Aug 012009
 

As this is my first post, I decided to go for something that might tell the reader who the heck I am and what my insights on roleplaying are.  I can tell you to start that my tastes run both very similar and very differently from Save, Runequester and Javier.  Part in parcel that’s because I’m one of the rare, the proud, the gamer chicks.

Now let me also lay it down that I don’t play CtD because of any inherent love for lovely elfin chicks or fluffy bunnies.  I have been a longtime ST and I don’t like running stories with ranbows and prancing ponies.  I do run storylines pulled from the old fashioned myths with burning people at the stake and having gang members shoot PCs down.   So why would I be so devoted to Changeling the Dreaming, a game stereotypically know for all of those things?  Why stick with a system burdened with outdated, clunky combat rules?

It all has to do with the basic theme and mood of the game.  I, for one, agree with Save that for the most part I like embodying the hero in my games.  That is because to me, the game is not just a fun pastime spent getting treasure and killing things; but it is a change to tell a story with friends.  If I wanted to kill things and get XP and treasure (which I will grant can be hella fun) I would play a video game.  If I want to share a story, I will play a RPG.

So what compels me about telling stories with Changeling?

1. The ability to play with both past and present.  I’m a sucker for the ‘past lives’ thing in an RPG.  I love having PCs discover their past, deal with thier past lives, have that shape them or being something they act against.  The clash of who you were, who you are and who you would like to become is a dramatic question I find compelling.  It invites a second layer of characterization for the player to contemplate – and great story opportunities of discovery.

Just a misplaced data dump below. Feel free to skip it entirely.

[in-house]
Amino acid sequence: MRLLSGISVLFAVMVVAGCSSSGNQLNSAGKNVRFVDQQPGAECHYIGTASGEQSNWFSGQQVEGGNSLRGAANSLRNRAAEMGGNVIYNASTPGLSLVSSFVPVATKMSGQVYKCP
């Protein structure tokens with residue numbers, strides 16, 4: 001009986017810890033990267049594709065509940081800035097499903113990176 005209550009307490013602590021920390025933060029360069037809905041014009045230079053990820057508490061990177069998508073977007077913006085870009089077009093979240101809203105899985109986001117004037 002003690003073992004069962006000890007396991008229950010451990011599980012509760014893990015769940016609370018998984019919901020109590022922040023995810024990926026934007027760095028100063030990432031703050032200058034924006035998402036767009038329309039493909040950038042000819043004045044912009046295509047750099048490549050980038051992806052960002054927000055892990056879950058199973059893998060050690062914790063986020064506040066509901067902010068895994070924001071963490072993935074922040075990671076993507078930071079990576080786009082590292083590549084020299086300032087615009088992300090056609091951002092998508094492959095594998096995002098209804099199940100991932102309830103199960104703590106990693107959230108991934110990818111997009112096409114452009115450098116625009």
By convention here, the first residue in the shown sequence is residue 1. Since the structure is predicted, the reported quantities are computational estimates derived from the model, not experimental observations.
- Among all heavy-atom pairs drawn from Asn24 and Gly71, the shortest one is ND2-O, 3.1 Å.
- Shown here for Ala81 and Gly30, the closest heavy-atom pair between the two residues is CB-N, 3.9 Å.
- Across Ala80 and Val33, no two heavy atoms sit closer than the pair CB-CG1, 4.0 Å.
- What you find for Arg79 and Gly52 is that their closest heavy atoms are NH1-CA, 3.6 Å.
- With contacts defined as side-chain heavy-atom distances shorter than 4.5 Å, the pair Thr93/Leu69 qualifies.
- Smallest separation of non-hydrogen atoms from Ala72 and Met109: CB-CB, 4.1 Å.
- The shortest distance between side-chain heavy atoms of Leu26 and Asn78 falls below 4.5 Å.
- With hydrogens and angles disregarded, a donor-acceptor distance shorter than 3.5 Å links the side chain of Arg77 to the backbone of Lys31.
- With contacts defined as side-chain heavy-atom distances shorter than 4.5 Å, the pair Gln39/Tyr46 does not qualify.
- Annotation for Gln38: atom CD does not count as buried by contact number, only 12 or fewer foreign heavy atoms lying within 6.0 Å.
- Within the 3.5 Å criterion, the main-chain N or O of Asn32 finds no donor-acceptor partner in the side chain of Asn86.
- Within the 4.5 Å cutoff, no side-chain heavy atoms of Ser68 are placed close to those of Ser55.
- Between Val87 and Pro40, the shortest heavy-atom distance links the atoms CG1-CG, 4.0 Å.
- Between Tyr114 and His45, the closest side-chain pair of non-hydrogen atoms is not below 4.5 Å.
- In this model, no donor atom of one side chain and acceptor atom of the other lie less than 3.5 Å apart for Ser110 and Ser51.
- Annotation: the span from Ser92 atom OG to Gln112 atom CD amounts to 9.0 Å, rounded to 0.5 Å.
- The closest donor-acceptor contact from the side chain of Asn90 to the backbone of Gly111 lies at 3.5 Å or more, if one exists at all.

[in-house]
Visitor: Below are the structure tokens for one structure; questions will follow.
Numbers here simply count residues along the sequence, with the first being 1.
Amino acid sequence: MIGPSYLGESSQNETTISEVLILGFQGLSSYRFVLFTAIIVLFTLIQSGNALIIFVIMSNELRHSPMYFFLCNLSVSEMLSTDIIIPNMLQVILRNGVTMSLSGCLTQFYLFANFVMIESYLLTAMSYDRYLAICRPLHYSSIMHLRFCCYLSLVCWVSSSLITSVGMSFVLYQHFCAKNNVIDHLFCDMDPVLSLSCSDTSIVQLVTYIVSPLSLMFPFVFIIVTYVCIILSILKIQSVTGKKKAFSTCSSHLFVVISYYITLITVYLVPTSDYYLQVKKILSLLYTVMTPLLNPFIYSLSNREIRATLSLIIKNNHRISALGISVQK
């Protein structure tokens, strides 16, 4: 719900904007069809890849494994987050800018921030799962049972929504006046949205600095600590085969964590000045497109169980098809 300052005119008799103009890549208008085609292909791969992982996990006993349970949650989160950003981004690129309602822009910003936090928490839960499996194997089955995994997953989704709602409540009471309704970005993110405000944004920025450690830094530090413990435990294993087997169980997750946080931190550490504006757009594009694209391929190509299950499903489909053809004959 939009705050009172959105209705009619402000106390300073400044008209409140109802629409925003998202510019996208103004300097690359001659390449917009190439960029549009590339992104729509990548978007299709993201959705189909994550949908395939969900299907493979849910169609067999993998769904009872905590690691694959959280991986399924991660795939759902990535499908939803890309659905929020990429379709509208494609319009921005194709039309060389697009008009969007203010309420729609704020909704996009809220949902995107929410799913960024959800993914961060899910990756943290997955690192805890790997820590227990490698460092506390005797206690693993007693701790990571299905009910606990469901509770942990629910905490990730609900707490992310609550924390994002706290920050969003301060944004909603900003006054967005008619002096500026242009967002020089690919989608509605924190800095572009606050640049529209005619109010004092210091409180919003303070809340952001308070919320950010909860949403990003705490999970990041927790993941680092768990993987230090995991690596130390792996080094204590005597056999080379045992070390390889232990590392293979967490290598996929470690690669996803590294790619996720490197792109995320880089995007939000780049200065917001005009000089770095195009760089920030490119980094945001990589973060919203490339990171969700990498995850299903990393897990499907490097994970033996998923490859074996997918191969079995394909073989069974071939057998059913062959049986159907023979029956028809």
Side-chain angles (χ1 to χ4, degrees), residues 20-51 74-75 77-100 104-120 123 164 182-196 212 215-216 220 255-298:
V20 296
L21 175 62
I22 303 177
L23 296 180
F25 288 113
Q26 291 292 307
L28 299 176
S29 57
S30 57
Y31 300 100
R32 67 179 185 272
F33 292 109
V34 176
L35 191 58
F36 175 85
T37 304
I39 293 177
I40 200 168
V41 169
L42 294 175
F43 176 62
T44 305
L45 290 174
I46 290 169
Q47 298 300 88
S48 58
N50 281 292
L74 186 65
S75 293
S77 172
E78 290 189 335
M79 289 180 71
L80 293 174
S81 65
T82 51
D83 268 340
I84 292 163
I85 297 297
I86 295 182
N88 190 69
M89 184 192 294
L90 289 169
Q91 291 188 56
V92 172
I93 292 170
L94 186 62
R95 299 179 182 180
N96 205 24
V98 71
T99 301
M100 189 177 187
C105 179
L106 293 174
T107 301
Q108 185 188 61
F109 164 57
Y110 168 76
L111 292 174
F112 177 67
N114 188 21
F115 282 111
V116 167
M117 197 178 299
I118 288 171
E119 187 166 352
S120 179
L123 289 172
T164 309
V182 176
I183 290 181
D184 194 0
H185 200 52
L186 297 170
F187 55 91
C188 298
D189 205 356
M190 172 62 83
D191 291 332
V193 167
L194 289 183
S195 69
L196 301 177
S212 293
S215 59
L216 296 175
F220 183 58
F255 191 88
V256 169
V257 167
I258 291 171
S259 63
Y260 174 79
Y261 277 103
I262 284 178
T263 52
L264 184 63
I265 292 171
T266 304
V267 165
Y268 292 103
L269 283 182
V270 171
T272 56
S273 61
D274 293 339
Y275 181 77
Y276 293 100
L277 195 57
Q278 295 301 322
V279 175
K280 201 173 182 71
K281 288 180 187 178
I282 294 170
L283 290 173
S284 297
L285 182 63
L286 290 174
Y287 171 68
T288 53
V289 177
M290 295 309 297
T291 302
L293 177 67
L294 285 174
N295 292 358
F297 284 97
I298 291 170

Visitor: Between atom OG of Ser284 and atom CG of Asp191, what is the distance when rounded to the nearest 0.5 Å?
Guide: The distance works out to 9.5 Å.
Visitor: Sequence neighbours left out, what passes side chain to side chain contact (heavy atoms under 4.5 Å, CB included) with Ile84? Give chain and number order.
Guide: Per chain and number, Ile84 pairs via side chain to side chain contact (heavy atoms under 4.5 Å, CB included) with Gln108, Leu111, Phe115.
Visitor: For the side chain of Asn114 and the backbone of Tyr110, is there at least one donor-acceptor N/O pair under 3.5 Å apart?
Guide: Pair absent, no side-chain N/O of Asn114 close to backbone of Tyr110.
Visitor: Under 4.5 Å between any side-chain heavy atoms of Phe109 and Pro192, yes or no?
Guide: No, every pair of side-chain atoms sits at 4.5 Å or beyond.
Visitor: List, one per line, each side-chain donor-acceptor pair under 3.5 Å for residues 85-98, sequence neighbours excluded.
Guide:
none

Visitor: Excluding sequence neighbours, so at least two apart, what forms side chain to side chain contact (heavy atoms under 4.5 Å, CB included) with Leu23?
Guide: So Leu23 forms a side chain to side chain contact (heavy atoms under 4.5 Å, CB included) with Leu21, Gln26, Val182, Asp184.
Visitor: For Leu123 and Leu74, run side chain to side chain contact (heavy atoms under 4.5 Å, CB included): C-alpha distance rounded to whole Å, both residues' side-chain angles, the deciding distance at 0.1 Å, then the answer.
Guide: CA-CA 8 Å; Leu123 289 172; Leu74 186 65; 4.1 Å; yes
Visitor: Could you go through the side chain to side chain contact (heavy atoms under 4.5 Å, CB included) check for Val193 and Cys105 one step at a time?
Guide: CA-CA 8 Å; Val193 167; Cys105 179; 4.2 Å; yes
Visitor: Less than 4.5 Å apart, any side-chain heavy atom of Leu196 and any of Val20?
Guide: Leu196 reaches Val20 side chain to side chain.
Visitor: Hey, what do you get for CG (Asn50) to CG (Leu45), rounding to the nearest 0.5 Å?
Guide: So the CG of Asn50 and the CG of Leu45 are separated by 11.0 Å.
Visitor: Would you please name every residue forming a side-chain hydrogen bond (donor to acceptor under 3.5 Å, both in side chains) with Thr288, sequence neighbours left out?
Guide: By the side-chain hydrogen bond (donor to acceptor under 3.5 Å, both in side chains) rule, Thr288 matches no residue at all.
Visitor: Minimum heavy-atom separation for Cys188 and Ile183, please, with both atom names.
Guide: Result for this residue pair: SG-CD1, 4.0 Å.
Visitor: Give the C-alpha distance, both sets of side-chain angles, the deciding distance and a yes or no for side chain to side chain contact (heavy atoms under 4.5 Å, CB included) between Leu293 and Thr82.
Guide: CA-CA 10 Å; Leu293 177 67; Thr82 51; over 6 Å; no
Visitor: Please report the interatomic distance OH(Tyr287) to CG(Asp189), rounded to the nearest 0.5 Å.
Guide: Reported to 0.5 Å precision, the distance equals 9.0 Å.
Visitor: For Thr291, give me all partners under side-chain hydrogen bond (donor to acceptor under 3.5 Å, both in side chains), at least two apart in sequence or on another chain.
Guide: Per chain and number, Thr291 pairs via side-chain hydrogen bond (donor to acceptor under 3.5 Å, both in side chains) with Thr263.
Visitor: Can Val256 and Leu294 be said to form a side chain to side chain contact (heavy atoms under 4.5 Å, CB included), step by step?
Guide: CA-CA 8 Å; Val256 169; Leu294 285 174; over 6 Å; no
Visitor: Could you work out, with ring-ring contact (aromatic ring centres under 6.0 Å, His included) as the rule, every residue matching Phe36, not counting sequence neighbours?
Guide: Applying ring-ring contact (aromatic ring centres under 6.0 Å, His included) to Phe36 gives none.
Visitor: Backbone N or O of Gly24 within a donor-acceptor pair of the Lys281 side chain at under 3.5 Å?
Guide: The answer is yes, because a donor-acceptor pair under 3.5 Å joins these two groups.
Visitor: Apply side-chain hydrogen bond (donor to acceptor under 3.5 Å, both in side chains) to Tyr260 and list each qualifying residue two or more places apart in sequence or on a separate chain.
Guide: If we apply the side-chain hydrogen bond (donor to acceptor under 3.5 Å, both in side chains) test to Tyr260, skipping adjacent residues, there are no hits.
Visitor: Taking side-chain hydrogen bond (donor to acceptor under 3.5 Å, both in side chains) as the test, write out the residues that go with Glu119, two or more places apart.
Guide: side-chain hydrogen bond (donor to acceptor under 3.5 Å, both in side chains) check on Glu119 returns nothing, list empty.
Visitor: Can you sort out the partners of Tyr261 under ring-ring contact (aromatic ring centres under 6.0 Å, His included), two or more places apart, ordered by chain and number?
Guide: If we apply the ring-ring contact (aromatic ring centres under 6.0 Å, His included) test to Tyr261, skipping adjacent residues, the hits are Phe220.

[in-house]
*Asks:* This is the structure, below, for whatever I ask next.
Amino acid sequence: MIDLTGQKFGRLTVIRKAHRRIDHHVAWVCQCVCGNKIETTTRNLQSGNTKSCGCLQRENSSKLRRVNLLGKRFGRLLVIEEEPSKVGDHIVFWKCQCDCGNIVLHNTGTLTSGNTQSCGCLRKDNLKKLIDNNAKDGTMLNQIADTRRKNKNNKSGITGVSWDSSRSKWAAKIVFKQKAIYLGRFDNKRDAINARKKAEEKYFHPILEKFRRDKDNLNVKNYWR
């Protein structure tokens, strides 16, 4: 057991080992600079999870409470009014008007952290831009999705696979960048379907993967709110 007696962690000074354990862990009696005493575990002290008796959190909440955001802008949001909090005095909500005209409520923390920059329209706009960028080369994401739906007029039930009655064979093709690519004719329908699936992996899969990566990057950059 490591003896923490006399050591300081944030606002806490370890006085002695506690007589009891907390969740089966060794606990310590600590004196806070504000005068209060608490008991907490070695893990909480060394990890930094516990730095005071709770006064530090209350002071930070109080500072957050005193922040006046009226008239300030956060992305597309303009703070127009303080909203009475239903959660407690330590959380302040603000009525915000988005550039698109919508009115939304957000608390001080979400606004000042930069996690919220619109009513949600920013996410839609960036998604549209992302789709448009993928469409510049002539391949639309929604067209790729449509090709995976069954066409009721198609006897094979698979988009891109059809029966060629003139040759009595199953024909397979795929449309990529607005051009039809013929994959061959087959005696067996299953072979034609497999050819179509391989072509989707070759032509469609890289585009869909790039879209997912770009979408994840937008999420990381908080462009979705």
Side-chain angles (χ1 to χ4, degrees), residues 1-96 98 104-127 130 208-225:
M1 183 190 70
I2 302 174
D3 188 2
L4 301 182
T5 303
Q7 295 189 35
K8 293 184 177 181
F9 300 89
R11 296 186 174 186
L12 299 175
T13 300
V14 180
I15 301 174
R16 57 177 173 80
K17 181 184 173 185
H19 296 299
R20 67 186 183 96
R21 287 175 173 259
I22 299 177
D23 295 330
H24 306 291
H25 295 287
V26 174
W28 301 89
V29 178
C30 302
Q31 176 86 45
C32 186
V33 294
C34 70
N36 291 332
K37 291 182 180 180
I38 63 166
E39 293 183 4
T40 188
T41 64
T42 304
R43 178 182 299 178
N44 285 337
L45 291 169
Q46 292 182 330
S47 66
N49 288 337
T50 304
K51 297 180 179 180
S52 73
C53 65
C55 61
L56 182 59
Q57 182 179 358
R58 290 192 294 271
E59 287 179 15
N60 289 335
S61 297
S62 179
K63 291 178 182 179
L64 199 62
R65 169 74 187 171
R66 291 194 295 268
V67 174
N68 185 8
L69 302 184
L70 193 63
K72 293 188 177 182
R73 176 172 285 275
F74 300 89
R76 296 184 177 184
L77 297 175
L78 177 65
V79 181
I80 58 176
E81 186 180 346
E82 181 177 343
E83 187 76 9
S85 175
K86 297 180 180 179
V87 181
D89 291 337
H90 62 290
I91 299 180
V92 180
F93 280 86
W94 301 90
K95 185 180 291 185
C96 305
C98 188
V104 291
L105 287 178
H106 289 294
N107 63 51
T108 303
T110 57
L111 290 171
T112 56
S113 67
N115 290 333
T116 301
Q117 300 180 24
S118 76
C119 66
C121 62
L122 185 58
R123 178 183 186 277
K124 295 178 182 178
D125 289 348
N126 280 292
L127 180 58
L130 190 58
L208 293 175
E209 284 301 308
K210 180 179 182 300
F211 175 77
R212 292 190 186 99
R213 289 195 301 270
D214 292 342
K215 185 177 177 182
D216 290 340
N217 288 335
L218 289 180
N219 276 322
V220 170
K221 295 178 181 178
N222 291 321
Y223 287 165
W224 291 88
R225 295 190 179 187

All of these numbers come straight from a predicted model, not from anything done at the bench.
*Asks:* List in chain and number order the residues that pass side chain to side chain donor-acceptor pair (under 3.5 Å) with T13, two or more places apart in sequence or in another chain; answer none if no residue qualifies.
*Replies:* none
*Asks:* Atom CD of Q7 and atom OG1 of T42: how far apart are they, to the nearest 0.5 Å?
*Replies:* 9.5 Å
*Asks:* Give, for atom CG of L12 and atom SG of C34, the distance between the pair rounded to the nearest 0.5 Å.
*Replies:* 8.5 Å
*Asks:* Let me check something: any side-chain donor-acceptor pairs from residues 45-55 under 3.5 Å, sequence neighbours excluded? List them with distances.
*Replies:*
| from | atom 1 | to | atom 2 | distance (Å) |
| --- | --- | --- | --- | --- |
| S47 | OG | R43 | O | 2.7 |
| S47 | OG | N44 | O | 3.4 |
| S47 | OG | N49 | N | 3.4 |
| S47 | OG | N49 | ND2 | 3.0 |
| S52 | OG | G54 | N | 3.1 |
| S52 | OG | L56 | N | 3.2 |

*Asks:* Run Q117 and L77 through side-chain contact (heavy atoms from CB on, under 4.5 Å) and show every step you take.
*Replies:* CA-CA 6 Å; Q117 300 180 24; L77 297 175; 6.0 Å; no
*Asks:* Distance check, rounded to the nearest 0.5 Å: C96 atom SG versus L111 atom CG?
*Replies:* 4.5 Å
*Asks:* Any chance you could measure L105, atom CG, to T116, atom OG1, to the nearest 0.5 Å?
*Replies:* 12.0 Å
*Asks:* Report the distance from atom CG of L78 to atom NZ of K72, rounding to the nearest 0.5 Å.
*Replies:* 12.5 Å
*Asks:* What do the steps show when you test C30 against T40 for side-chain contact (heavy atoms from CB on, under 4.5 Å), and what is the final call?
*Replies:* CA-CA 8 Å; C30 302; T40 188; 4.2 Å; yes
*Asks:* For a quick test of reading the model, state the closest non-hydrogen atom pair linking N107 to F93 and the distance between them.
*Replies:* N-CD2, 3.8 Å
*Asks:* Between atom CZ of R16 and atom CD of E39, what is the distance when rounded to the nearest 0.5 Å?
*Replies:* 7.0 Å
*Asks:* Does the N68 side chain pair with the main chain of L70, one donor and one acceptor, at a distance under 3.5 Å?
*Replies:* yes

2. The ability to ‘awaken’ to magic.  At base I am a positive person and I like my games to be in general positive.  Dungeons and Dragons is at heart (no matter how you play it) positive: I start out a normal person (or dwarf or what have you) and through experience and work adventuring I become someone who is powerful  perhaps heroic, perhaps rich, or whatever else the player decides.  Changeling is, too.  There is nothing inherently angst-ridden about waking to a world of magic.  It can be confusing and startling.  It could be horribly painful, traumatic and/or destructive to the psyche – but it doesn’t have to be.  I like having the choice to play a character who is, at heart positive.  Having a group that doesn’t feel the need to sit around angsting about the horrible trauma thier PCs have been through.  This is what set me off about large parts of the new world of darkness.  For me, the ability to play a normal person who grows to become something different and more interesting without having to die, be maimed, enslaved, tortured ect ect is a strong appeal in a game.

3. Human vs. supernatural halves.  I like the pull of ‘one side vs the other’ contained in one psyche.  I like having players facing decisions and saying “well the fae half of me wants to do this, but the human half would rather not” or comparing fae morals to human morals.  It creates tough choices in a game, and tough choices are fun because they prompt action and conflict, which lets the players create a story to be resolved.

4. The ability to bring in anything you can imagine. The dreaming is a wonderful place.  shaped and influenced by the dreams of humanity, if you’re feeling like a dark and resonant game your PCs could travel through a reflection of their city where the ghosts of people killed by domestic violence walk around showing their bloody wounds.  Or if your group craves something light and shamelessly fun, you could have the action heroes of the lastest summer blockbuster manifest and wreak havoc.  The best thing is both are not only supported, but encouraged by the setting.

5. At base, the game supports humans.  Call me crazy, but I really hate games that say ‘humans are crap, lets kick them around.’  Now, having human and non-human options is not the same: humans in DnD are not enslaved and oppressed by the other races, they are just as viable as anything other race to become adventurers.  But some games (I would argue that the infamous Wraethu and the new game Changeling:the Lost) at base put humanity is a very bad light.  I don’t want to play a game that tells me ‘there are big bad things that are better than/control normal humans.  So you have to serve them/get changed by them, be one of them to be something.  Yes, CtD focuses on characters that are humans who awaken to a fae soul, but I like the blend of human and fae – I ike the idea that fae need to interact with humans for glamour and for sanity.  And at base the dreaming is crafted from the dreams of humanity – humans shape the fae as much as fae shape thier dreamers.  I can get behind that.